.....<a href="http://discussion.treocentral.com/tcforum/index.php?s=">TreoCentral</a> | <a href="http://discussion.visorcentral.com/vcforum/index.php?s=">VisorCentral</a> Forum Moderator - Forum Guidelines
    .....Sprint PCS Treo 650
    .....God bless America, my home sweet home...
  7.    #7  
    So, IF I got a hub, what would I do with it? Just have it around in case another computer showed up? If thats the case, I'd simply wait till another computer shows up :-). Also, we'll probably get the house wired by some computer person (I can't think of a better term), but until we get one, we'll just have cord lying across the floor. Are there any differences between cords? Better brands? OR am I being rediculous and they're all the same? Thanks alot.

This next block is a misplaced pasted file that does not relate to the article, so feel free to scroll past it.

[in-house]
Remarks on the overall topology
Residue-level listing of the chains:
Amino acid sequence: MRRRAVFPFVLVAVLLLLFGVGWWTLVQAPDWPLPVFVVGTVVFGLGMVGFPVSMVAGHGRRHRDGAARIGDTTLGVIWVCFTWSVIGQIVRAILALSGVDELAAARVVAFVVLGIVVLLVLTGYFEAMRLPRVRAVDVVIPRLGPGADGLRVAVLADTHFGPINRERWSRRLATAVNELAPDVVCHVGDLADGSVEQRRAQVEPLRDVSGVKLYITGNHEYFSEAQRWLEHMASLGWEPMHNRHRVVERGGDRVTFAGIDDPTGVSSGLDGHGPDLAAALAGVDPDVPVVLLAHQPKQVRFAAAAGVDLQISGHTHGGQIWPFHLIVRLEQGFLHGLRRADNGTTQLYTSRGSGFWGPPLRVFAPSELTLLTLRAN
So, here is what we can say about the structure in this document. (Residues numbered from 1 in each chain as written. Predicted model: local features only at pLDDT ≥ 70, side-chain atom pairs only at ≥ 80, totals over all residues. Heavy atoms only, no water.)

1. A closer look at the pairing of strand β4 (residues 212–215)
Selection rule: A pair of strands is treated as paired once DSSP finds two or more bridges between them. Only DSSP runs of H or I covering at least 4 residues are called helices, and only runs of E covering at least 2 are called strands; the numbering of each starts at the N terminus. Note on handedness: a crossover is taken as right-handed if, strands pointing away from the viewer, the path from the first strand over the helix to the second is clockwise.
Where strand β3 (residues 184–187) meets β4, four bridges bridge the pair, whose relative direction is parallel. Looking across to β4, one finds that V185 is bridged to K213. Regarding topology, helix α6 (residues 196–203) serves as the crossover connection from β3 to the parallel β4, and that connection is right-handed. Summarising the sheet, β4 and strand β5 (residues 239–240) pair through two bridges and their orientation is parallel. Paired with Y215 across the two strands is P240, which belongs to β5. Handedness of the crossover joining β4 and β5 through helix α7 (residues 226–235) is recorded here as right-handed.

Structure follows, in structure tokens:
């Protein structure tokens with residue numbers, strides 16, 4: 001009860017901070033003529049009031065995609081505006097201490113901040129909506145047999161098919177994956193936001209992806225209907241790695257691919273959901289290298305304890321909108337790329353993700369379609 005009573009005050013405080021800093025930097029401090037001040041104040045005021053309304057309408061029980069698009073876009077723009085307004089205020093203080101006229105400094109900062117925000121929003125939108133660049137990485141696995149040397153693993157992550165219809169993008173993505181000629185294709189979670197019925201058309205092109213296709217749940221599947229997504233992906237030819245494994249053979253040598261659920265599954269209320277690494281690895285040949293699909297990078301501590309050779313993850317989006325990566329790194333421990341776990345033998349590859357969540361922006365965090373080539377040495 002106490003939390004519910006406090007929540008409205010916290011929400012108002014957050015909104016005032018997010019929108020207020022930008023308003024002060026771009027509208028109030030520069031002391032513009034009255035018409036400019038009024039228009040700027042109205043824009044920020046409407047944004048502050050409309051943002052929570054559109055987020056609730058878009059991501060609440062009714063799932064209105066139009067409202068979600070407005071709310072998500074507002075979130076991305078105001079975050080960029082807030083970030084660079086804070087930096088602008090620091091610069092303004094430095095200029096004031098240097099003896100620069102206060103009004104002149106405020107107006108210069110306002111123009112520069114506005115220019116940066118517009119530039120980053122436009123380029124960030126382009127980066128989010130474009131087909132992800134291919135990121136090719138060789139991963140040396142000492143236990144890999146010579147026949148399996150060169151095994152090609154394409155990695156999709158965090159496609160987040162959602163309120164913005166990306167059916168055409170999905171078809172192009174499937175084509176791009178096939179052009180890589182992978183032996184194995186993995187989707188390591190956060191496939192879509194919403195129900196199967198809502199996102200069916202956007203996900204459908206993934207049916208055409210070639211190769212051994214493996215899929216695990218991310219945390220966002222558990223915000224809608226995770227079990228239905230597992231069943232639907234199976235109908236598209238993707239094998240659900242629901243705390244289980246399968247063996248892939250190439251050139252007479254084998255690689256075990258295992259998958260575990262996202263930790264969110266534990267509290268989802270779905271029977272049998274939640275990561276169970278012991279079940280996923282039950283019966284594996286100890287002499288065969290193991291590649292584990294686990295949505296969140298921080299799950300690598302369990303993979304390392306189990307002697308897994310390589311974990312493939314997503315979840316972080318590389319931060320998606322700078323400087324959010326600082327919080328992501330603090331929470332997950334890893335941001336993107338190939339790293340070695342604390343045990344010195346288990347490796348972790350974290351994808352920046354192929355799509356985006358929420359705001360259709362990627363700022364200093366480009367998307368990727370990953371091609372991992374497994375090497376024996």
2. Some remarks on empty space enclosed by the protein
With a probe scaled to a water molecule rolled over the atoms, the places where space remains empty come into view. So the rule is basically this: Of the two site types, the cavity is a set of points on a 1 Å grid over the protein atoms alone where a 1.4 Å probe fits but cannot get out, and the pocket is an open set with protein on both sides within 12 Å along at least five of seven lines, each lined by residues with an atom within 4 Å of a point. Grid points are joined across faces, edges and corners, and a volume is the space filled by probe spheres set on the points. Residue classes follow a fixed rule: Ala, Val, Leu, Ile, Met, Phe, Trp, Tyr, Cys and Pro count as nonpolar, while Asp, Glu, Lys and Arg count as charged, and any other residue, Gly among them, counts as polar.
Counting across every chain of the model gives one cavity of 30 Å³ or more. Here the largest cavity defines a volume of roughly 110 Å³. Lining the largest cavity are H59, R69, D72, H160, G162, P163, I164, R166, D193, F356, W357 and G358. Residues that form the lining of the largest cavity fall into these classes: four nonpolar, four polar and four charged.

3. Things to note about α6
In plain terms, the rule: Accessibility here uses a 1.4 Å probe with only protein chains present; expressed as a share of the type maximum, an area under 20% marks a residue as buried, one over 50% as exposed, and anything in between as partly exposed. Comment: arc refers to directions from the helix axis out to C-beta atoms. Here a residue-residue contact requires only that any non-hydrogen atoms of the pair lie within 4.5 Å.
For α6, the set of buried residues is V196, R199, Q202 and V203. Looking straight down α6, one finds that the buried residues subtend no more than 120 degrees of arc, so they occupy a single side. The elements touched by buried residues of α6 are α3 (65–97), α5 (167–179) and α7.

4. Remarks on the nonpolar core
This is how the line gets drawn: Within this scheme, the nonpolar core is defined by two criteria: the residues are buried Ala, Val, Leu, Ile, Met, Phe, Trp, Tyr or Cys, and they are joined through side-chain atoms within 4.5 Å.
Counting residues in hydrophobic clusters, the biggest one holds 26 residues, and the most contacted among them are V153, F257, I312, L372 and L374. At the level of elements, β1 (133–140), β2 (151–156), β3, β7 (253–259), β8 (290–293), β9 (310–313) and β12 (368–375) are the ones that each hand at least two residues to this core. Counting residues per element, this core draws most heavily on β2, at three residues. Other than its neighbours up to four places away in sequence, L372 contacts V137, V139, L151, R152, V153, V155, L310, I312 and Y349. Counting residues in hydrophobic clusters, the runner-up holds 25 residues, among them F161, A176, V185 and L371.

-Bernie

    "One word sums up probably the responsibility of any vice president, and that one word is 'to be prepared'.
    -Dan Quayle
  8. #8  
    Originally posted by ernieba1
    [...] until we get one, we'll just have cord lying across the floor. Are there any differences between cords? Better brands? OR am I being rediculous and they're all the same? Thanks alot.
    There is one important difference if you're not going to use a hub. You'll need to get a 'crossover' cable instead of a standard patch cable.
    ‎"Is that suck and salvage the Kevin Costner method?" - Chris Matthews on Hardball, July 6, 2010. Wonder if he's talking about his oil device or his movie career...
  9.    #9  
    HUH?
    -Bernie

    "One word sums up probably the responsibility of any vice president, and that one word is 'to be prepared'.
    -Dan Quayle
  10. #10  
    Originally posted by ernieba1
    HUH?